Specific actions by industrial companies to become more sustainable have grown exponentially over the past decade. Yet there is often more talk than action around industrial sustainability.
To show how Rockwell Automation’s partners and customers are making industry more sustainable, Rockwell invited three companies to share their insights about the sustainable services and technologies they offer and how they are being used to change industry.
Those companies were:
• Energy Drive, which uses variable frequency drives (VFDs) to reduce industrial energy use, thereby reducing carbon emissions;
• LanzaTech, a carbon recycling company that transforms carbon dioxide emissions into ethanol for re-use; and,
• Triple Helix, which recycles end-of-life chemicals and materials for re-use by industry.
James Hynd, CEO of Energy Drive, explained how the company uses core automation devices—such as VFDs, controllers and human-machine interfaces (HMIs)—and applies its own data analysis to the data derived from these technologies. We optimize motor use to produce carbon offsets through OpEx and CapEx avoidance, Hynd said. Energy Drive can scale its approach over hundreds of systems at a company through its focus on motors, which are used widely to power pumps, fans and various pieces of equipment.
Referencing an Energy Drive project with Sibanye-Stillwater gold mining in South Africa, Hynd said they focused on the motors that power the circulation vents, which are critical to providing air to underground mining operations. The vent fans’ baseline energy use of 1720.3 kW has now been reduced to 605.75 kW.
Scott Kongkitisupchai, technology advancement director at LanzaTech, noted how the company, whose large-scale plants can process 50,000 tons of ethanol a year, depends on core automation technologies to control motor energy use and monitor vibrations on compressors and pumps to predict equipment health. LanzaTech recently announced a collaboration with Dow Chemical around the use of LanzaTech’s CarbonSmart technology to develop Dow’s EcoSense 2470—a recycled carbon-based surfactant for home cleaning uses.
“Most discarded polyurethane products—such as mattresses, furniture and car seats—are incinerated,” said Steve Peleman, CEO of Triple Helix. “In Europe alone, the amount of mattresses disposed of each year, if stacked, would be 800 times the height of Mount Everest.” Triple Helix’s Antwerp, Belgium, facility recycles polyethylene terephthalate (PET) and polyurethane foam (flexible and rigid) with a typical output of 30 kilotons a year but is designed to run as high as 80 kilotons.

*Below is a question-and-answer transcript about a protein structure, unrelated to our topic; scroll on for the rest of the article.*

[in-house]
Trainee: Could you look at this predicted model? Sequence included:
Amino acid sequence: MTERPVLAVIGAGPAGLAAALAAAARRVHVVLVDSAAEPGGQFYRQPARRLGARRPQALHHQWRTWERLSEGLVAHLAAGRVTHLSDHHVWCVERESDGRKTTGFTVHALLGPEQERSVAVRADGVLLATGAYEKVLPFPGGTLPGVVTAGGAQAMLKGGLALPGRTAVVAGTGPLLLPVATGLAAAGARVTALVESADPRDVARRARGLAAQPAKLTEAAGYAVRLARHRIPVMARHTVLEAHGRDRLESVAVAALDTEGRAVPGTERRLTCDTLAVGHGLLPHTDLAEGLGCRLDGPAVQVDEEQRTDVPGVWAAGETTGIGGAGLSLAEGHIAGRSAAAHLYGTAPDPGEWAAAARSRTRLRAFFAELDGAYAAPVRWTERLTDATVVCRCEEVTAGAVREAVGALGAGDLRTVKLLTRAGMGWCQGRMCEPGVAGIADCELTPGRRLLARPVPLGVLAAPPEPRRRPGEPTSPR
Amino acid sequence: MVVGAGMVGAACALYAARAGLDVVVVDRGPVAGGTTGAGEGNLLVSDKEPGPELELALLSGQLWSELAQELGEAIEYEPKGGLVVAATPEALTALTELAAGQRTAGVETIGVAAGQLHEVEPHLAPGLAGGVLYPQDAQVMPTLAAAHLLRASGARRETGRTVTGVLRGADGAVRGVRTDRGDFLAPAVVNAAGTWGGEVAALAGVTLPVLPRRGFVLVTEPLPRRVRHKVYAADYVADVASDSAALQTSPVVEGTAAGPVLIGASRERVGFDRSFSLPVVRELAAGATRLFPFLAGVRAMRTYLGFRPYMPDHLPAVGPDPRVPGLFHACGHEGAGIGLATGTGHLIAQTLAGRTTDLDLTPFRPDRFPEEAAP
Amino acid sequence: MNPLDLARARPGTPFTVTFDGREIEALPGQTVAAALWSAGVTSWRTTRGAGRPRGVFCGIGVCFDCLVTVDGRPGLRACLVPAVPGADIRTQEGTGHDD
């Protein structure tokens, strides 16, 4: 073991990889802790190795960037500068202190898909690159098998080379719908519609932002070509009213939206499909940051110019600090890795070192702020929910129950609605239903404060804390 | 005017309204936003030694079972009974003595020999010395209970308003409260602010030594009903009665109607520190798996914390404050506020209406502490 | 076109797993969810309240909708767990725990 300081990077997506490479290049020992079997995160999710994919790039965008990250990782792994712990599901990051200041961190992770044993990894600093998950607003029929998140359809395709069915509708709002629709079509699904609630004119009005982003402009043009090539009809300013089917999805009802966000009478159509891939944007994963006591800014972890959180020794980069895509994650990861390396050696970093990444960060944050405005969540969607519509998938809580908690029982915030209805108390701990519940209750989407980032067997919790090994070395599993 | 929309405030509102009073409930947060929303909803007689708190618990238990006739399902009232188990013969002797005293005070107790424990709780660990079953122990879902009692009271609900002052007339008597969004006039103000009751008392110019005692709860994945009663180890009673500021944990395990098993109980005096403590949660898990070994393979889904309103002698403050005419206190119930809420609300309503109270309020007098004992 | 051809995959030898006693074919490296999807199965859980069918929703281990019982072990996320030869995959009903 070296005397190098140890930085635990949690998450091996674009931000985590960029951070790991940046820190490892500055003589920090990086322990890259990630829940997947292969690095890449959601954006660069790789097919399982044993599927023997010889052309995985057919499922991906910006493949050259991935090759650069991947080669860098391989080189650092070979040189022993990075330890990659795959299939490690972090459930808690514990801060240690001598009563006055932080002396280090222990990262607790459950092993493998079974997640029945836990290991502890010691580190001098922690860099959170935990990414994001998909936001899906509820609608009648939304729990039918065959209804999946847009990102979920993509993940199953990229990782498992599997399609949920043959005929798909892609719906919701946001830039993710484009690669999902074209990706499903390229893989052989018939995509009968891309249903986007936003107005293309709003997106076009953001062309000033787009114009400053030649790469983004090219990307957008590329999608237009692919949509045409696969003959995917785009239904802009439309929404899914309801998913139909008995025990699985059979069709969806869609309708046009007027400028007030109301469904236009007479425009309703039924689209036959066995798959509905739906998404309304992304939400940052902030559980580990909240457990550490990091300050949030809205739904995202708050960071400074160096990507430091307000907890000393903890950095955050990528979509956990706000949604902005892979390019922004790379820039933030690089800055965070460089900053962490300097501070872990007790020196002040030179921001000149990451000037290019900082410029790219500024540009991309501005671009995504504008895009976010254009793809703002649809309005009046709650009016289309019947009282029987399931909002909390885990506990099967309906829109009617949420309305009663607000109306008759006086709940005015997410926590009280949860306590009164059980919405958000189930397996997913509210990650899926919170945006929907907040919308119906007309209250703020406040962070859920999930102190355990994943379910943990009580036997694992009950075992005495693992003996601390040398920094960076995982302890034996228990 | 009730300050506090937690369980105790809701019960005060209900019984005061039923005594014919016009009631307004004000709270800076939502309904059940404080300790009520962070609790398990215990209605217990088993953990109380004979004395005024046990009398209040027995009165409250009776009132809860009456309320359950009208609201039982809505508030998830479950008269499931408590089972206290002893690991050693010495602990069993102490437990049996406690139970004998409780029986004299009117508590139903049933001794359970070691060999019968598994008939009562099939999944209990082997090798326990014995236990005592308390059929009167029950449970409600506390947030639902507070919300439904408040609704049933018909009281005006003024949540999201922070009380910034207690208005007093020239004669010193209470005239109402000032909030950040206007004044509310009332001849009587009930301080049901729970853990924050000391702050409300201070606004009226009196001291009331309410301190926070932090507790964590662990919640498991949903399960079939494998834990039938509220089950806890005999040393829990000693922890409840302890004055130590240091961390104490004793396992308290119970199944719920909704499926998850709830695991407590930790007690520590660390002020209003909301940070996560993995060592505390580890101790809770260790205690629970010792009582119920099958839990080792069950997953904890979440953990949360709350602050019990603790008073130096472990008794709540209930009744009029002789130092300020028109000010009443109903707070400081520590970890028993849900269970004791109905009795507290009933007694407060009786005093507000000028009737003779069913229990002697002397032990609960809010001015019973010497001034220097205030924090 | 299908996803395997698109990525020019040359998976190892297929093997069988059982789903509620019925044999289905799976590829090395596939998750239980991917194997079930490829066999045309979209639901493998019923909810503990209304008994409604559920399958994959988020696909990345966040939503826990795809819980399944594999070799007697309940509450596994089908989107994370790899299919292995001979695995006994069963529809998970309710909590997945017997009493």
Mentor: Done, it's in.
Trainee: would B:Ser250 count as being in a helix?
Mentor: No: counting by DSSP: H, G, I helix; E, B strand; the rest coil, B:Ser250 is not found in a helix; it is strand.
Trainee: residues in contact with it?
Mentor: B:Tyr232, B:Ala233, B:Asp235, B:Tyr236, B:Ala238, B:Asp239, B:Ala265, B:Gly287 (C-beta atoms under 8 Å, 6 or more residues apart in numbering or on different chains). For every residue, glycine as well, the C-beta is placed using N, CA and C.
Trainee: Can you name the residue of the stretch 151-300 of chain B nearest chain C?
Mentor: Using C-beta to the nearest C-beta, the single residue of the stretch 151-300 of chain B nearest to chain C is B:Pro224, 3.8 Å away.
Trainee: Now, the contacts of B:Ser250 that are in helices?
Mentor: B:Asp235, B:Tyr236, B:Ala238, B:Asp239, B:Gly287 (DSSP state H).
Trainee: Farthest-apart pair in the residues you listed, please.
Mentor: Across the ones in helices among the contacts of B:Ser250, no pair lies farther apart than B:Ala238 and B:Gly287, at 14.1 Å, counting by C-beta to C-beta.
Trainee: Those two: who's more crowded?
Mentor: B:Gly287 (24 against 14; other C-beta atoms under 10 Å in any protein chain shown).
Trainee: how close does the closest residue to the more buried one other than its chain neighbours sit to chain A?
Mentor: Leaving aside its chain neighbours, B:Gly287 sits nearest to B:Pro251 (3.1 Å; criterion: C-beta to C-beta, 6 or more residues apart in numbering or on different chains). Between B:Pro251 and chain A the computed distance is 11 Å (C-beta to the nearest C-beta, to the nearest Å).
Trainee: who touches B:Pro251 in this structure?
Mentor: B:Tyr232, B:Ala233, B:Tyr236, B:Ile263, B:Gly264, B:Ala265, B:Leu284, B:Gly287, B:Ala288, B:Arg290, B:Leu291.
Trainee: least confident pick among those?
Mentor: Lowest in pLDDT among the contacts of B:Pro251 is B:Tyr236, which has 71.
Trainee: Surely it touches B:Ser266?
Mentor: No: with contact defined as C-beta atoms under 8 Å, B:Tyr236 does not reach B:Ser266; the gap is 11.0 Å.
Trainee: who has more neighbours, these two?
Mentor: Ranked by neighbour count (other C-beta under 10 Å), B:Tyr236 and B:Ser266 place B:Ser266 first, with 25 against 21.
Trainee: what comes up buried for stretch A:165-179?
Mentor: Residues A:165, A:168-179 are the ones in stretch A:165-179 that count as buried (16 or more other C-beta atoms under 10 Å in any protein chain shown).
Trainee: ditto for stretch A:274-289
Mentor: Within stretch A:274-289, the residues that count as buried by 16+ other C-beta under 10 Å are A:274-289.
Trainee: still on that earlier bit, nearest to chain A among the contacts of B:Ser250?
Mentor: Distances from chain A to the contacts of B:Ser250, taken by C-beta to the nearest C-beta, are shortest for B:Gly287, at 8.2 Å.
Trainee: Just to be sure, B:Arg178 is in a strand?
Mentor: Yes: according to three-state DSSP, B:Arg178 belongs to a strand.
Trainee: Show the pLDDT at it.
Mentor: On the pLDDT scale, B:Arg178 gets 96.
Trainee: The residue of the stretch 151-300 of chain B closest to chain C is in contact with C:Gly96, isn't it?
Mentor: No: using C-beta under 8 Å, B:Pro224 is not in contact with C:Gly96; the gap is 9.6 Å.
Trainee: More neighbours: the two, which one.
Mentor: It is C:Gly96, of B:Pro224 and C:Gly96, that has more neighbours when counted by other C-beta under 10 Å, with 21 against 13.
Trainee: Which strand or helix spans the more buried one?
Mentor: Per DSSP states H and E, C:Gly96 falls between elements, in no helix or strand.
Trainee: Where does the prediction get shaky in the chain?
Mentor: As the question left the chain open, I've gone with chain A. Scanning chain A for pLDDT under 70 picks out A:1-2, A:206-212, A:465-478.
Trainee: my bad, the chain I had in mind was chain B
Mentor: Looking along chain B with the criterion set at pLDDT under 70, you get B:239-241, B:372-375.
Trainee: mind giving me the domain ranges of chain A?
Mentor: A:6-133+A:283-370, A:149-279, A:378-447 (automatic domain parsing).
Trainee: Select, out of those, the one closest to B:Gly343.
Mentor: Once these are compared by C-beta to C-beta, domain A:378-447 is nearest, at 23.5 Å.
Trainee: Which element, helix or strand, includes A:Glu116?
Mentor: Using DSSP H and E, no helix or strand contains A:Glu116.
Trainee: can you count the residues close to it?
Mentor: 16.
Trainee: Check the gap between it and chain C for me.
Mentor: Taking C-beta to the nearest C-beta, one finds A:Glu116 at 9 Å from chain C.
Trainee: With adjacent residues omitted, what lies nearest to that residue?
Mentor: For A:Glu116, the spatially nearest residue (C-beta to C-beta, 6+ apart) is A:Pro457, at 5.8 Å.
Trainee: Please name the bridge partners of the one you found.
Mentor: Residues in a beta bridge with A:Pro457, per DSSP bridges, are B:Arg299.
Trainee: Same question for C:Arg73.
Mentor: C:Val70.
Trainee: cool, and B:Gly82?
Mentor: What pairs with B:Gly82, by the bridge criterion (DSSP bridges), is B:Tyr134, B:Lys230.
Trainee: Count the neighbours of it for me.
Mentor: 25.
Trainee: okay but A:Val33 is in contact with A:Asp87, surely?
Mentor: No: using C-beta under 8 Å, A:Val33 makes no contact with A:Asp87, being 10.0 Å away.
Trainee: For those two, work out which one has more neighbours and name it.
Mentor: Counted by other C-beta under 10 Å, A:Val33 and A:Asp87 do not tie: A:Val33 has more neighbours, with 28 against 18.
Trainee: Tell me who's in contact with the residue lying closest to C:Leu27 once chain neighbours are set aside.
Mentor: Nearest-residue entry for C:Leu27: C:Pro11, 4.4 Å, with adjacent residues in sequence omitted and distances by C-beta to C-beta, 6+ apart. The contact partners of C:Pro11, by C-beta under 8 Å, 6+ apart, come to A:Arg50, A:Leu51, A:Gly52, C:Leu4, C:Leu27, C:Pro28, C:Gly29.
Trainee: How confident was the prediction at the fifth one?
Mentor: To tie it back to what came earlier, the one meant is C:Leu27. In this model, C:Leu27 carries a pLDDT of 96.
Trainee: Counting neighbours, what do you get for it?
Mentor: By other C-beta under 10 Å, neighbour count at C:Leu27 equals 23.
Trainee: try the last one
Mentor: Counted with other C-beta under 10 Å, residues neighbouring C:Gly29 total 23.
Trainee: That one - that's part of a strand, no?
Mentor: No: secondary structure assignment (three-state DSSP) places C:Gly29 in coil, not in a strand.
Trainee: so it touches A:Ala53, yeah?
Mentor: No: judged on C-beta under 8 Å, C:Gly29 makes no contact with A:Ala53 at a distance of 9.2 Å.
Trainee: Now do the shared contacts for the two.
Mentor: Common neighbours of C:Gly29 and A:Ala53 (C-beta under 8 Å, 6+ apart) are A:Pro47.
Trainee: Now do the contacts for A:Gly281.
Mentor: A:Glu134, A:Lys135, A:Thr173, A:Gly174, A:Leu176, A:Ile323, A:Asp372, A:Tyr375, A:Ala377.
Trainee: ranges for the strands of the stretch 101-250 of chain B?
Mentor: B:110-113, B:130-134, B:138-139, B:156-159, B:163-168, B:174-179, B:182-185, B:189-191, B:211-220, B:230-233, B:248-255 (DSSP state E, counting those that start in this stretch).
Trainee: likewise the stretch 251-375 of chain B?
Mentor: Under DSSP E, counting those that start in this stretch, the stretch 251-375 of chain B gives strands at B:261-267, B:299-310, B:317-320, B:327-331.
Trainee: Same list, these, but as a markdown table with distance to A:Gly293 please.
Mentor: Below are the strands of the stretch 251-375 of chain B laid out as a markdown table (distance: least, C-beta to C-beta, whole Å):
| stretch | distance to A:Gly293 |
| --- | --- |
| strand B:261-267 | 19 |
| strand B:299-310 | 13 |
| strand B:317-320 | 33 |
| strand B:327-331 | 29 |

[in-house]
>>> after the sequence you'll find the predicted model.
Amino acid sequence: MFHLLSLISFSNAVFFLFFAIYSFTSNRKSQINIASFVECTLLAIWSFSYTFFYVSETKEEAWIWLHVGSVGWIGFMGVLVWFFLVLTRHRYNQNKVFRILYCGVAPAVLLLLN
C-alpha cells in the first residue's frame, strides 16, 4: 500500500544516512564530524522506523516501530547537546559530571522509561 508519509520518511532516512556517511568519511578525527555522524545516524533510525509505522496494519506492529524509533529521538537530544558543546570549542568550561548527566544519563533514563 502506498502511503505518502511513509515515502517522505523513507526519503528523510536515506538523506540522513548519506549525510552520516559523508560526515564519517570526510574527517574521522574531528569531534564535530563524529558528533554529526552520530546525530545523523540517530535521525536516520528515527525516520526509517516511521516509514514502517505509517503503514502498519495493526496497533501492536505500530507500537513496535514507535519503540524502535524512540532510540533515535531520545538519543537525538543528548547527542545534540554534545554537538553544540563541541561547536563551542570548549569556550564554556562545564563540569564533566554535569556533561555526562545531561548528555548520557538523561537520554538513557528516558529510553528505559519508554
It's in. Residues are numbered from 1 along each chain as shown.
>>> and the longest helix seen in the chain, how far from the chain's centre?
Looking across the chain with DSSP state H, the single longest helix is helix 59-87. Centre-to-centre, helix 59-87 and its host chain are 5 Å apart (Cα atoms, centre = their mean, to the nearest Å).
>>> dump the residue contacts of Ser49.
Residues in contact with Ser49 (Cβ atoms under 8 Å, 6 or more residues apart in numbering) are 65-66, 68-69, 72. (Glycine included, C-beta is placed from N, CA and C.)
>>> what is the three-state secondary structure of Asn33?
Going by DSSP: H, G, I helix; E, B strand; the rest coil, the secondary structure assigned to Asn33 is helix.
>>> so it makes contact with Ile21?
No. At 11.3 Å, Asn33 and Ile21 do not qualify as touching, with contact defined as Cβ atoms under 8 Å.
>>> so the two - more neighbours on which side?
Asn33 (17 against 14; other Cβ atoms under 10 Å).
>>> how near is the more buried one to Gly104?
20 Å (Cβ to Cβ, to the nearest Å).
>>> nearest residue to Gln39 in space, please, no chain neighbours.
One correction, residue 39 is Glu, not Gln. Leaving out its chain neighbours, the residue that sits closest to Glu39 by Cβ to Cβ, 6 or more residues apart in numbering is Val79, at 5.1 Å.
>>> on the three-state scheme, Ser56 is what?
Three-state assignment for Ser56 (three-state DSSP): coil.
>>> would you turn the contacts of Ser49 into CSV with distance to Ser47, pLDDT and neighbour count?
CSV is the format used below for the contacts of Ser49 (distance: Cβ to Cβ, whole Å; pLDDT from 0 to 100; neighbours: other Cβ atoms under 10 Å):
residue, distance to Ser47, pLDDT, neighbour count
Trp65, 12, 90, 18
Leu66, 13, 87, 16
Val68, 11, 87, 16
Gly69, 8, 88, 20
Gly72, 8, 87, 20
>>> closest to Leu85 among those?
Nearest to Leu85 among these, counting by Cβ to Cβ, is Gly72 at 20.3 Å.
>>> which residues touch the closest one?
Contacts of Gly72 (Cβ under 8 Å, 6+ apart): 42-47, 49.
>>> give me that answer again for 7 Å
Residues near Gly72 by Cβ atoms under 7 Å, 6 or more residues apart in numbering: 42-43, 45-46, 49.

The real sustainability challenge
Though achieving significant sustainability goals can seem like an insurmountable challenge using available technologies, the three companies participating in this roundtable discussion stressed that the technologies needed to deliver appreciable sustainability gains are not just available, but widely in use by industry today. The biggest roadblocks to sustainability tend to be attitudes and culture around funding.
“It’s sexy to talk about sustainability and the circular economy, but less so when you try to get people to do something,” said Peleman. “A key factor is getting rules to change around funding mechanisms for sustainability, because you can’t just throw everything into a pile and see what works. It costs significant money to organize waste sources for reuse. For example, in Europe it costs 65-70 million euros to start up a materials recycling operation.”
Hynd added that while it’s not difficult to change mindsets about the capabilities of the underlying technologies, it can be difficult to convince them of substantial sustainability results. “When we develop a technical proposal, we get 45% average savings,” he said. “But most companies think that’s too good to be true.”
For those companies that don’t believe Energy Drive’s numbers, Hynd said they can potentially send them a report each month detailing the carbon offsets they’ve lost out on that month by not using Energy Drive’s service. It’s not a standard practice, Hynd said, but well within their capabilities.
Despite the lack of issues with current technologies, the roundtable participants noted a few technological capabilities that are on their wish lists.
Kongkitisupchai said LanzaTech’s converting operations need to close the sustainability loop with suppliers’ materials from which they derive ethanol. To better enable this, he said higher levels of security for data sharing between companies along with artificial intelligence applications to improve predictions based on those data would be helpful.
When you’re converting waste to raw materials, you have to know what’s inside them, said Peleman. A real-time view at the molecular level of what’s in there without having to go to a lab would fill a technology gap for Triple Helix.
“Supply chain lead times are still a challenge,” said Hynd—a fact that underscores Rockwell Automation’s focus on supply chain planning with its Plex software as a service. Despite this gap, Hynd added that sustainability’s technology problem isn’t with any specific capability or lack thereof, but because “there’s so much out there—it’s almost too much. With all the technology now available, companies can be tempted to reinvent too much and lose focus. They key is to focus on controlled innovation with help from partners.”